- At least three Chinese state-sponsored APTs targeted large telcos in Southeast Asia.
- The actors exploited several of the now-patched zero-day flaws in Microsoft Exchange.
- The hackers demonstrated resilience and persistence, changing to different tools and infrastructure when discovered.
Since the beginning of 2021, there have been numerous attacks originating from various Chinese hacker groups, targeting large telecommunication service providers in Southeast Asia. The intruders’ goal was to access sensitive information such as the “Call Detail Record” CDR data and compromise key network components like Domain Controllers, Web Servers, and Microsoft Exchange servers. In most cases, these groups exploited published MS Exchange flaws that went undiscovered for a long time.
Security researchers of the Cybereason team have proactively hunted for attacks leveraging these exploits and found three large and frequently overlapping operations. These are attributed to ‘Naikon APT,’ ‘SoftCell,’ and ‘Iron Tiger’ (APT27/Group-3390), all Chinese actors specializing in cyber-espionage and links to the state. Unfortunately, the timeframe of these operations begins a long time back, with the earliest being in 2017, the other in 2018, and the most recent starting in the final quarter of 2020.
‘SoftCell’ was among the most careful, taking a “low and slow” approach to not raise any alarms. When they eventually did, they changed toolsets, infrastructure, and techniques in order to continue operating undetected. During the 2.5 years of their operation, they used Cobalt Strike, Mimikatz, WMI, NBTscan, SoftEther VPN, and the PcShare backdoor.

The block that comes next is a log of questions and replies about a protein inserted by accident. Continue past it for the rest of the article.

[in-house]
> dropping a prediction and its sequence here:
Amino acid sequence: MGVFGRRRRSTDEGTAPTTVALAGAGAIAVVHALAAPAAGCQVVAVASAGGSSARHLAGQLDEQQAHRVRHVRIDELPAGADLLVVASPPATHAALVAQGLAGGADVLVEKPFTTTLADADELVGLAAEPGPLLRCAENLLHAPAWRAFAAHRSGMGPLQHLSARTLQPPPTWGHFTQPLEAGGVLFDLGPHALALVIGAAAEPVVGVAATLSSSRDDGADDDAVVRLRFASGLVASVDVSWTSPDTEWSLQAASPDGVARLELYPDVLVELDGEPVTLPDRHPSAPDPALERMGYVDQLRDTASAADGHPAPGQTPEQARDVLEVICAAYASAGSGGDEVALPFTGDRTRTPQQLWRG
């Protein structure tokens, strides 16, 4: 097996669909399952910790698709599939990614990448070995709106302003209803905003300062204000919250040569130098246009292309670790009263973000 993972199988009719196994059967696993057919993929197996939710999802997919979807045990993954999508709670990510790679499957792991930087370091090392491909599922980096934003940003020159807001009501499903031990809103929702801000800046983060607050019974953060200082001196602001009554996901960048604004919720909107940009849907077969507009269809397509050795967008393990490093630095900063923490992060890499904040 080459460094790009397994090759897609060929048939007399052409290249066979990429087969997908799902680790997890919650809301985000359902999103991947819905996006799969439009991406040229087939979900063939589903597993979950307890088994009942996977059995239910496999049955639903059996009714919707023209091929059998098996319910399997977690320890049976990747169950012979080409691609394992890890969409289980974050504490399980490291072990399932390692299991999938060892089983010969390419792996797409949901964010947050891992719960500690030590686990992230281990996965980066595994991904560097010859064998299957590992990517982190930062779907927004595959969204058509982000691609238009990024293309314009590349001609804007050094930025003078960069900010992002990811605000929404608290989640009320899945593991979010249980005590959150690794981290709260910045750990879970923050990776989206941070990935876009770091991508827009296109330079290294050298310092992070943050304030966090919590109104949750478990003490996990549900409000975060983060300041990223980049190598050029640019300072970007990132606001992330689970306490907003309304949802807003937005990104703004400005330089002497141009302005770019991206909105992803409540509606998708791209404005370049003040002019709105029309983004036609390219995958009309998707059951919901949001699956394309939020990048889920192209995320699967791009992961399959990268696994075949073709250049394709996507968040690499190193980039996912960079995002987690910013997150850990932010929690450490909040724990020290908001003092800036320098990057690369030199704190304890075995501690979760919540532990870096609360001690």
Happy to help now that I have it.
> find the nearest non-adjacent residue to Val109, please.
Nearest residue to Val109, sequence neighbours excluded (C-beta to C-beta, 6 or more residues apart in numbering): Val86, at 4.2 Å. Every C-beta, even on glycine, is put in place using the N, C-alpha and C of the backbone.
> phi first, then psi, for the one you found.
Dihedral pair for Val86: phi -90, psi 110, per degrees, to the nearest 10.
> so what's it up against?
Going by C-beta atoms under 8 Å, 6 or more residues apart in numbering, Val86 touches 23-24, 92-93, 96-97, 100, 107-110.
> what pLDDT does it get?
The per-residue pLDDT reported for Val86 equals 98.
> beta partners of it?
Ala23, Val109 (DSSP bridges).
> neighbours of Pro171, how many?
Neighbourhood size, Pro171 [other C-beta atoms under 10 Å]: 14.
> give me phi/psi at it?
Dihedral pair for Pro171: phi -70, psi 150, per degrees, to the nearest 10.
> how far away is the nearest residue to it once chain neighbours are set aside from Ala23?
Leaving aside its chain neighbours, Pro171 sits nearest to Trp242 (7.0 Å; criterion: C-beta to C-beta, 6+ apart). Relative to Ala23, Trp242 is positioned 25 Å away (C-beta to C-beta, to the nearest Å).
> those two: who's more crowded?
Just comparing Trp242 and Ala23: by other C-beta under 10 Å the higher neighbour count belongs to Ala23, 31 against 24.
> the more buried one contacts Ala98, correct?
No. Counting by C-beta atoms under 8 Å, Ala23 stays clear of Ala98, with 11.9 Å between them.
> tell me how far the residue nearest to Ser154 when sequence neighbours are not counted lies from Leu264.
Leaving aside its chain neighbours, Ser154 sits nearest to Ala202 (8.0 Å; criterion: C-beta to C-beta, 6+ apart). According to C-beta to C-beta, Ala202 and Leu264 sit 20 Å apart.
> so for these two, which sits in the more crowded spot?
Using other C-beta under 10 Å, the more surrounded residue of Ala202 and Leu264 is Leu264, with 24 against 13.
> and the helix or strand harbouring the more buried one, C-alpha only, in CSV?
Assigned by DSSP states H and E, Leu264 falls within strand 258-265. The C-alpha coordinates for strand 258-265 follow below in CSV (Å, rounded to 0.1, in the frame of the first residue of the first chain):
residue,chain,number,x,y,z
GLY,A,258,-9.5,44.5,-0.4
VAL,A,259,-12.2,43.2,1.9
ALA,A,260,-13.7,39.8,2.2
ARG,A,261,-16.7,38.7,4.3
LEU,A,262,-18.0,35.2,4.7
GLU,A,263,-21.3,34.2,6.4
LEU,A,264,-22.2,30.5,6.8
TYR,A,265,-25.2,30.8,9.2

‘Naikon APT’ deployed the Nebulae backdoor, which relied upon DLL side-loading to execute attacks using legitimate executables while avoiding detection. If that channel was blocked, the actors simply changed the abused executable, preferring to exploit an antivirus product trusted by systems and users alike. This group followed “living off the land” reconnaissance practices and used tools that are built into Windows.
The ‘Iron Tiger’ used a custom ‘OWA backdoor’ to exfiltrate data, obfuscating the .NET binary through .NET Reactor. The backdoor is planted into a Microsoft Exchange server, and from there, it can fetch more payloads on command.
The targeted telcos weren’t named, and the magnitude of the compromise of sensitive customers like organizations and individuals cannot be assessed right now. To appreciate this with accuracy, it would require an internal investigation conducted by the telcos. However, the fact that the actors persisted for two and three years indicates that they had some success in exfiltrating valuable information. This is further backed by their insistence on changing tactics, infrastructure, and toolsets once they were discovered.